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A close-up of a young black woman with acne, wearing a beige turtleneck shirt and looking directly at the camera.

Reducing antibiotic use and improving acne outcomes for women

Published: 11 October 2023

The Spironolactone for Adult Female Acne (SAFA) study is the first large-scale clinical trial to provide evidence that the drug, which is commonly prescribed for high blood pressure, is effective in treating acne.

Miriam Santer, a Professor of Primary Care Research, led the research that was run by Southampton Clinical Trials Unit.  The findings are expected to change the way acne in women is routinely treated, improve acne outcomes, and reduce the large amount of antibiotics currently prescribed for the condition.

A need for new acne treatments

Acne is very common, particularly in adolescence, and often clears with age. But almost a third of women continue to be affected in adulthood and this can be a huge physical and psychological burden to those who suffer from persistent outbreaks.

Topical treatments such as creams and gels are the first-line treatment and are effective for many people. But if they don’t work, GPs will often prescribe long courses of oral antibiotics to be used alongside these treatments. This can add to the growing burden of antibiotic resistance in the population.

Previous Southampton research showed that long-term prescriptions of antibiotics for acne account for more than two thirds of the total antibiotic exposure among people aged 11 to 21.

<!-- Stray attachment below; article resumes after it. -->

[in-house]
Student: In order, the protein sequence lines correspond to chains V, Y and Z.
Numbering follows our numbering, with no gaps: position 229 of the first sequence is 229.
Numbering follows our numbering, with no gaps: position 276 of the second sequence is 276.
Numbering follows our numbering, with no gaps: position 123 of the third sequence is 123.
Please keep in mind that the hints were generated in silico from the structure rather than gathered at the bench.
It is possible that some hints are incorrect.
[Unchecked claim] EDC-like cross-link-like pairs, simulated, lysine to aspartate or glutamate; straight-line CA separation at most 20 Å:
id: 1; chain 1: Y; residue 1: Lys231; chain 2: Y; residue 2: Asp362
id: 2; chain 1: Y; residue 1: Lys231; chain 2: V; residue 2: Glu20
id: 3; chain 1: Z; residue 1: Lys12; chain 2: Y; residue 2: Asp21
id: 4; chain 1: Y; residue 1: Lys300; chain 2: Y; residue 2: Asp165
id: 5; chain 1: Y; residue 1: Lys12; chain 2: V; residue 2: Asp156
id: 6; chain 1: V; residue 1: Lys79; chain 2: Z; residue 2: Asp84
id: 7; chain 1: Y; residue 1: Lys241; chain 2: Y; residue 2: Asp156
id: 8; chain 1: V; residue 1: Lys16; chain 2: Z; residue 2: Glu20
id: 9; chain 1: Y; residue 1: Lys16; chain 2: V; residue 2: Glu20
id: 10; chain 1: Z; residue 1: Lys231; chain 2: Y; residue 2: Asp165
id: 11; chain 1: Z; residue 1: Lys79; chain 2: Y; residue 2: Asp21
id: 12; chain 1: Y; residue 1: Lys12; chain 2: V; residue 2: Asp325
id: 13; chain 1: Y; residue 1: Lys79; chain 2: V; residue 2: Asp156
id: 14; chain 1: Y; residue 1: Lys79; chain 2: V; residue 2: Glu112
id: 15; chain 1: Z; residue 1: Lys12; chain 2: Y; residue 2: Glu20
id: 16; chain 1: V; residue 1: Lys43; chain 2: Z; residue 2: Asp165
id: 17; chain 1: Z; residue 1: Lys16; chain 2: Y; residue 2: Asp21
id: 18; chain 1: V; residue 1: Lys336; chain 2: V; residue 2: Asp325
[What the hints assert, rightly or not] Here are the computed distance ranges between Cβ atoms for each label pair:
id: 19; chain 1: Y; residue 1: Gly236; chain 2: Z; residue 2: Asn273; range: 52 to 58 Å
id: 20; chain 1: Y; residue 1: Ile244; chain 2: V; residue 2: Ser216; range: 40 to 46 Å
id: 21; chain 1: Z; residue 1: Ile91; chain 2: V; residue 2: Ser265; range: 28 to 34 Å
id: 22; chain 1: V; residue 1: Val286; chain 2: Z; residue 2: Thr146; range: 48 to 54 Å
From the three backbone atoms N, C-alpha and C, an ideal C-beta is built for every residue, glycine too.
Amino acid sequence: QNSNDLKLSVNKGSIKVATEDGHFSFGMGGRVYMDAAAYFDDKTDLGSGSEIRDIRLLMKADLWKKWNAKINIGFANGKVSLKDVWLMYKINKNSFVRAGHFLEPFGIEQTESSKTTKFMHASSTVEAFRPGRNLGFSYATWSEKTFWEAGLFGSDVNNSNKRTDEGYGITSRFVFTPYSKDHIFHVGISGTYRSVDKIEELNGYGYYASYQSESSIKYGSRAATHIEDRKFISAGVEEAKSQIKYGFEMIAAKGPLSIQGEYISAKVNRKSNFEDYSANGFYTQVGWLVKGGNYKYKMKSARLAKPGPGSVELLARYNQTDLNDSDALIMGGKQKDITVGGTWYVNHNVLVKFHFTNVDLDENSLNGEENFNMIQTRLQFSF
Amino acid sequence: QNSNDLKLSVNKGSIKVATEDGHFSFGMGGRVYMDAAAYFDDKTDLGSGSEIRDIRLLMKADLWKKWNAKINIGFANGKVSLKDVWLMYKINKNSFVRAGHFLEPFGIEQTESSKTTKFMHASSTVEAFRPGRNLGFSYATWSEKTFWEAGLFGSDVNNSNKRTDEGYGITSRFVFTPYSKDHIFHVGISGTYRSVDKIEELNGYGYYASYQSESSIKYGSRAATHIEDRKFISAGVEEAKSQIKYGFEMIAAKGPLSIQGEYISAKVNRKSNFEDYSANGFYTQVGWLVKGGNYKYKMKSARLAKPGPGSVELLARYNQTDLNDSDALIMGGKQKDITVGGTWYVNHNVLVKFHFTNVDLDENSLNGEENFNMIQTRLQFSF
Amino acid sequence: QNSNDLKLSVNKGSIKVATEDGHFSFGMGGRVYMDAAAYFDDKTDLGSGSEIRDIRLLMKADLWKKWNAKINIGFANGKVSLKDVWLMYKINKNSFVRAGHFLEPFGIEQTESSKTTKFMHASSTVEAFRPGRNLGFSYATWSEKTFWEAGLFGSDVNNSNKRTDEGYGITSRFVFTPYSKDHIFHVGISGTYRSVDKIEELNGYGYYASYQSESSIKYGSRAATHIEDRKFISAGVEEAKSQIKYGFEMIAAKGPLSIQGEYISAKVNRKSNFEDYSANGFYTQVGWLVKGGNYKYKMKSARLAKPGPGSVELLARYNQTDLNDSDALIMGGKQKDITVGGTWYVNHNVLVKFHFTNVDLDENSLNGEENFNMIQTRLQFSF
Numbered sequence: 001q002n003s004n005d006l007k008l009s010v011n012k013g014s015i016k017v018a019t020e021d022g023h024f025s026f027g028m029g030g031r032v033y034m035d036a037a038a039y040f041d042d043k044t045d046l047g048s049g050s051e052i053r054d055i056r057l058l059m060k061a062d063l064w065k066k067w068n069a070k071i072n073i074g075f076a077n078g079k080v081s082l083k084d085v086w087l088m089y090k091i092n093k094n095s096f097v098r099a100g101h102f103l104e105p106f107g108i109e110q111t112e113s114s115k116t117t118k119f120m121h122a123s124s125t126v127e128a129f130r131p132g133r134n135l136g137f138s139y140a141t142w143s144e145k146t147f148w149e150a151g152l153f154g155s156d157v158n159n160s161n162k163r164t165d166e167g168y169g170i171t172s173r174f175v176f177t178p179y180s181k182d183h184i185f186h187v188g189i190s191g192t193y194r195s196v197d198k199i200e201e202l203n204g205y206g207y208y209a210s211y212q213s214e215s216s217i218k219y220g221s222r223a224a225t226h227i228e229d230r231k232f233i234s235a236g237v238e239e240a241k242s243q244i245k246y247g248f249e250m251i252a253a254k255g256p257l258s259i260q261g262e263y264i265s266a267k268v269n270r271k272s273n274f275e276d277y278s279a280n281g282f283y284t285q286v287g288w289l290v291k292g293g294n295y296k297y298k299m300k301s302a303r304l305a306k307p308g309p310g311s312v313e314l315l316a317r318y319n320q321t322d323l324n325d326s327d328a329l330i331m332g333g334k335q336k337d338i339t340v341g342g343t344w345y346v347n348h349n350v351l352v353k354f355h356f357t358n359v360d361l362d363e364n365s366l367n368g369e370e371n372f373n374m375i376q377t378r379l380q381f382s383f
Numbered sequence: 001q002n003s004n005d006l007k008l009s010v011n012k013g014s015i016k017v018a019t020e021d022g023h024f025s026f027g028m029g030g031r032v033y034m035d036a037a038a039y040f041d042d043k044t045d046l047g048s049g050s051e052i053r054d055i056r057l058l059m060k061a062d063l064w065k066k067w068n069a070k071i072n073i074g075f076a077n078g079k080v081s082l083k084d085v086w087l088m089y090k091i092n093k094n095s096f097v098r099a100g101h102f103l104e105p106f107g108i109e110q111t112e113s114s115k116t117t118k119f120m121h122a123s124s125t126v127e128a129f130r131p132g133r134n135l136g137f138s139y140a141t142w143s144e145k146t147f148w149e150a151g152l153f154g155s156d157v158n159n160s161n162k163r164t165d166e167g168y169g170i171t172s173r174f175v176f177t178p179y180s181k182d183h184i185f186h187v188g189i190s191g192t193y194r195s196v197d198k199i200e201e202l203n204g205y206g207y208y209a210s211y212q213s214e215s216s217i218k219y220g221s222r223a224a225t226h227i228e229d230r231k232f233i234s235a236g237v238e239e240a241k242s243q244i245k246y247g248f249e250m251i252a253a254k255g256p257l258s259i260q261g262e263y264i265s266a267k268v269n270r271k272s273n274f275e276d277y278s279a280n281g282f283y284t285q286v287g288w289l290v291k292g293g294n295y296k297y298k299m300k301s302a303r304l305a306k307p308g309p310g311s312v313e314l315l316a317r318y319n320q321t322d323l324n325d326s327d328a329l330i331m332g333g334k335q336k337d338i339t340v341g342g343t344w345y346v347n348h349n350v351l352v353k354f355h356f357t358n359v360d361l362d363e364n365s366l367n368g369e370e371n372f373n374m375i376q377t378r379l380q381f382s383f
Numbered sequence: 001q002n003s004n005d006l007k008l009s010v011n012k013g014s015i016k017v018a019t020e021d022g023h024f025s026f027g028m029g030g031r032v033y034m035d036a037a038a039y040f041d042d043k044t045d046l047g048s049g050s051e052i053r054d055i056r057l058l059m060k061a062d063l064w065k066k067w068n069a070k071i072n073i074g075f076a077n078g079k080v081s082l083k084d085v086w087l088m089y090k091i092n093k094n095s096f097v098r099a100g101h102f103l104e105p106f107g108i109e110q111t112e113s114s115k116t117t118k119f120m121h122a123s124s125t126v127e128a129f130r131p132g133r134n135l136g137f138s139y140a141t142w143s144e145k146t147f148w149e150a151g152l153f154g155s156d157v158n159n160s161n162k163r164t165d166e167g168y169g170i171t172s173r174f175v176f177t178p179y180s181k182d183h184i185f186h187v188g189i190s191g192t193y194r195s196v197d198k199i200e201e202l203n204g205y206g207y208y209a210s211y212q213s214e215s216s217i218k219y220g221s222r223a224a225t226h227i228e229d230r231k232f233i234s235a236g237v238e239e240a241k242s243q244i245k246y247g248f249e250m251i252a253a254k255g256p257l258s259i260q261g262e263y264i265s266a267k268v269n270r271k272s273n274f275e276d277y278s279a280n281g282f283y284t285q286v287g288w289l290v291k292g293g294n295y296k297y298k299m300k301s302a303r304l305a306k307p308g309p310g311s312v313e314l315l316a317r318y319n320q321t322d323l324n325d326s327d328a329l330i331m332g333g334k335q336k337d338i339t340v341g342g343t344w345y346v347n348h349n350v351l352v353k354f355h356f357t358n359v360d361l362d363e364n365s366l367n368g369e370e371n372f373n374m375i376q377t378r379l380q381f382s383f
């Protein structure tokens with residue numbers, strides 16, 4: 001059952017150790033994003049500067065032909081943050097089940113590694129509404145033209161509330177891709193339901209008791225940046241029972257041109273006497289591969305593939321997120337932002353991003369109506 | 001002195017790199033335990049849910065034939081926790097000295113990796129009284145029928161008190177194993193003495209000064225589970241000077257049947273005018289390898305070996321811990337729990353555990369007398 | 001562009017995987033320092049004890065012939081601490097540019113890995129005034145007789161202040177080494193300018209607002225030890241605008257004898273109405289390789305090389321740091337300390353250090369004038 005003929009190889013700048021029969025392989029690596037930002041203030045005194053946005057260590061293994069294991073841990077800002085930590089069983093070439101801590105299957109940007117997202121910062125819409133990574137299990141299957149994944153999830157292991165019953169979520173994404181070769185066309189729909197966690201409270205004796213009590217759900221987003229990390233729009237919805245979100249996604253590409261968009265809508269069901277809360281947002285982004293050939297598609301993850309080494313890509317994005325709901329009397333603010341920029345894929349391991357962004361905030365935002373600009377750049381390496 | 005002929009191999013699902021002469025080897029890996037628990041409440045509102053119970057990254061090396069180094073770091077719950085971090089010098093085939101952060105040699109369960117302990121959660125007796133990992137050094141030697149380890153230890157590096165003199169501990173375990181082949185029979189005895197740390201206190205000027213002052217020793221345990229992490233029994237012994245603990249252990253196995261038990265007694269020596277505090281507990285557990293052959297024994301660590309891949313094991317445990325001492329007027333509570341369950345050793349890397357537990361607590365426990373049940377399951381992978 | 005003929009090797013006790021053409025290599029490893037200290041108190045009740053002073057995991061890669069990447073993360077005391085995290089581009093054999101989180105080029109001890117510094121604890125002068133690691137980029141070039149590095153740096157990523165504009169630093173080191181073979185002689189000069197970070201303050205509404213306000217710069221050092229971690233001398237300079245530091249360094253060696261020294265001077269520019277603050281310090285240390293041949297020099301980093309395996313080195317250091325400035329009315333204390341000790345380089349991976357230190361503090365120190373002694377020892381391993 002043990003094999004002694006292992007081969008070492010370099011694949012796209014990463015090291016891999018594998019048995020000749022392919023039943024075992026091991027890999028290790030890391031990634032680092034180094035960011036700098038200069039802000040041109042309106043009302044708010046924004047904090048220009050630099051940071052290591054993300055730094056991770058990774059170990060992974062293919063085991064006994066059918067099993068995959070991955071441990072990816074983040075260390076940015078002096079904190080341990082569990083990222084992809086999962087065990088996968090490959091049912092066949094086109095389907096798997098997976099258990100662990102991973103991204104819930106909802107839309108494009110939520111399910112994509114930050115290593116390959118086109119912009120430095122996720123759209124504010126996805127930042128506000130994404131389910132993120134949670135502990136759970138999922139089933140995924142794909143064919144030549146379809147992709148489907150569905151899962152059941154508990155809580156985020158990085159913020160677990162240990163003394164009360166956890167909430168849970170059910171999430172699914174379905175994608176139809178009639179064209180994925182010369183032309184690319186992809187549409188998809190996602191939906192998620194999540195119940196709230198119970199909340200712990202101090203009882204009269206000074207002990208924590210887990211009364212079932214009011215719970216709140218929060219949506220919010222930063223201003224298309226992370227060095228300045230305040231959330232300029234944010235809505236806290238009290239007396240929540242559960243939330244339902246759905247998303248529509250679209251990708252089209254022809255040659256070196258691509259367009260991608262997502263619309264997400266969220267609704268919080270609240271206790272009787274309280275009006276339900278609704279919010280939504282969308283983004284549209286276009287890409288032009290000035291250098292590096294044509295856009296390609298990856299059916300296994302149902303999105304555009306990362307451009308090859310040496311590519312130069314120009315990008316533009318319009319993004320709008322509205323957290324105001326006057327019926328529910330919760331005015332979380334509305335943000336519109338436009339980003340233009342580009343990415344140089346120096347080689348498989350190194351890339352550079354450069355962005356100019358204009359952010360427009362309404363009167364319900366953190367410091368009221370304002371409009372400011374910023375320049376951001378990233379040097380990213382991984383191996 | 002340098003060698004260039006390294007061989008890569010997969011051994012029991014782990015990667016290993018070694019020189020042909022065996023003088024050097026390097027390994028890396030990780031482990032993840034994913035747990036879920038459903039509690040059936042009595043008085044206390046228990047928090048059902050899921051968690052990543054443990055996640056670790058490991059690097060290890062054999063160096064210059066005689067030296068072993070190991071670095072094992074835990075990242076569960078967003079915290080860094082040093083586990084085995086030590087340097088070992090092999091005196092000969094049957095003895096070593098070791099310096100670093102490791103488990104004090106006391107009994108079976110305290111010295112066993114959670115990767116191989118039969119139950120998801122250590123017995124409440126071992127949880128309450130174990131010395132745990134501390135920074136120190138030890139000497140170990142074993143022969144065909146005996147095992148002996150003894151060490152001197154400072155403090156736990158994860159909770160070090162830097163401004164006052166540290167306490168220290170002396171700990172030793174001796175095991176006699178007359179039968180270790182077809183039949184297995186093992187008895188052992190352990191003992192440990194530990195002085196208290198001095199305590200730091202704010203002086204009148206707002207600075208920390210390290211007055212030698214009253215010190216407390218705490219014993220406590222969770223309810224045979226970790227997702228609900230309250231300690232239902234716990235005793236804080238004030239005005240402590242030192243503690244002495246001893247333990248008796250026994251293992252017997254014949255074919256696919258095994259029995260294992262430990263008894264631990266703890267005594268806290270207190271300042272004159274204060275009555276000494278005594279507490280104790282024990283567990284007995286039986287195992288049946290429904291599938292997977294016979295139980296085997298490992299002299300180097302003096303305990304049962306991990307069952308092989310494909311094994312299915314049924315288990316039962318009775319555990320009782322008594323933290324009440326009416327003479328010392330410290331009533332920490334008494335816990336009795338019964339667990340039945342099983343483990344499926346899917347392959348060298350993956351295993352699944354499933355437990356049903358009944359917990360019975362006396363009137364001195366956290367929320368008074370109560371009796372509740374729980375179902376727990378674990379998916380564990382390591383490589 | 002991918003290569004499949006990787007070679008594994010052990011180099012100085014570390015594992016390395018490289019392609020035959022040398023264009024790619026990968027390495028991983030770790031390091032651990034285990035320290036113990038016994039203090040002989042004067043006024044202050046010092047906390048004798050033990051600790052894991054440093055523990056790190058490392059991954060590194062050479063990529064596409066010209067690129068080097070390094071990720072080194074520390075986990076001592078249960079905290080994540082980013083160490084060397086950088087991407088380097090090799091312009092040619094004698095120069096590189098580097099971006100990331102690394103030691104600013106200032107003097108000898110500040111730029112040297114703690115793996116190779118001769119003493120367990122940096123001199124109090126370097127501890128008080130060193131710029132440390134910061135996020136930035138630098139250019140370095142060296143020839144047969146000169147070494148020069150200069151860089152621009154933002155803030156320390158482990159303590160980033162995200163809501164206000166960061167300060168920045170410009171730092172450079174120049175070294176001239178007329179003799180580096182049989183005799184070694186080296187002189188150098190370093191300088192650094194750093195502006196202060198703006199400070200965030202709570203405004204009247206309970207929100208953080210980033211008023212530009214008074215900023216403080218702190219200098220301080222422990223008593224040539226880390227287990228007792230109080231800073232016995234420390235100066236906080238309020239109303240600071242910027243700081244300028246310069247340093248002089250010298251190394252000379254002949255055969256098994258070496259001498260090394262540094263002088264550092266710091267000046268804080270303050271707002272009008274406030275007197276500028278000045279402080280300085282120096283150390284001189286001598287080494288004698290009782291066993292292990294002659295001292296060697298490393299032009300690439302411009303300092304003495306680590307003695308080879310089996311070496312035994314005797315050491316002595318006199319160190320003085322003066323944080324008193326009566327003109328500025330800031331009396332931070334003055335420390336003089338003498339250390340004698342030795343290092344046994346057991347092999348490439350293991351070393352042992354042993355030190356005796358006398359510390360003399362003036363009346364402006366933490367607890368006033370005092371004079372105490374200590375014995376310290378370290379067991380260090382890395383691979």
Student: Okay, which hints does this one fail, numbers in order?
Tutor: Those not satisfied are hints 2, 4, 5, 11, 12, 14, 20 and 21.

Researching an alternative

Although dermatologists have been prescribing spironolactone for several years to treat severe acne, previous studies had been very small and hadn’t provided proof that it was effective.

The SAFA study was funded by the National Institute for Health and Care Research (NIHR) and involved Miriam working with dermatologist Professor Alison Layton from Harrogate and District NHS Foundation Trust, and the Skin Research Centre at the University of York.

More than 400 women over 18, who had had acne for more than 6 months, were recruited to the trial. Half were randomly allocated spironolactone, while the other half were given a placebo.

The results showed that the women taking spironolactone saw a significant improvement in their acne after 12 and 24 weeks compared to those on the placebo. They also reported that side effects were uncommon and minor. 

Professor Andrew Farmer, Director of NIHR’s Health Technology Assessment Programme, says : “The findings from this important trial provide compelling evidence which could help thousands of women affected by persistent acne.

“The treatment provides a valuable alternative to antibiotics and ensures clinicians can also better avoid the harms that can arise from antimicrobial resistance.”

We hope these results will mean more GPs and dermatologists feel confident to prescribe spironolactone as a treatment for acne. The drug is already included in treatment guidelines for persistent acne in the US and Europe, and we hope this trial will lead to a change in the UK guidelines.
Professor of Primary Care Research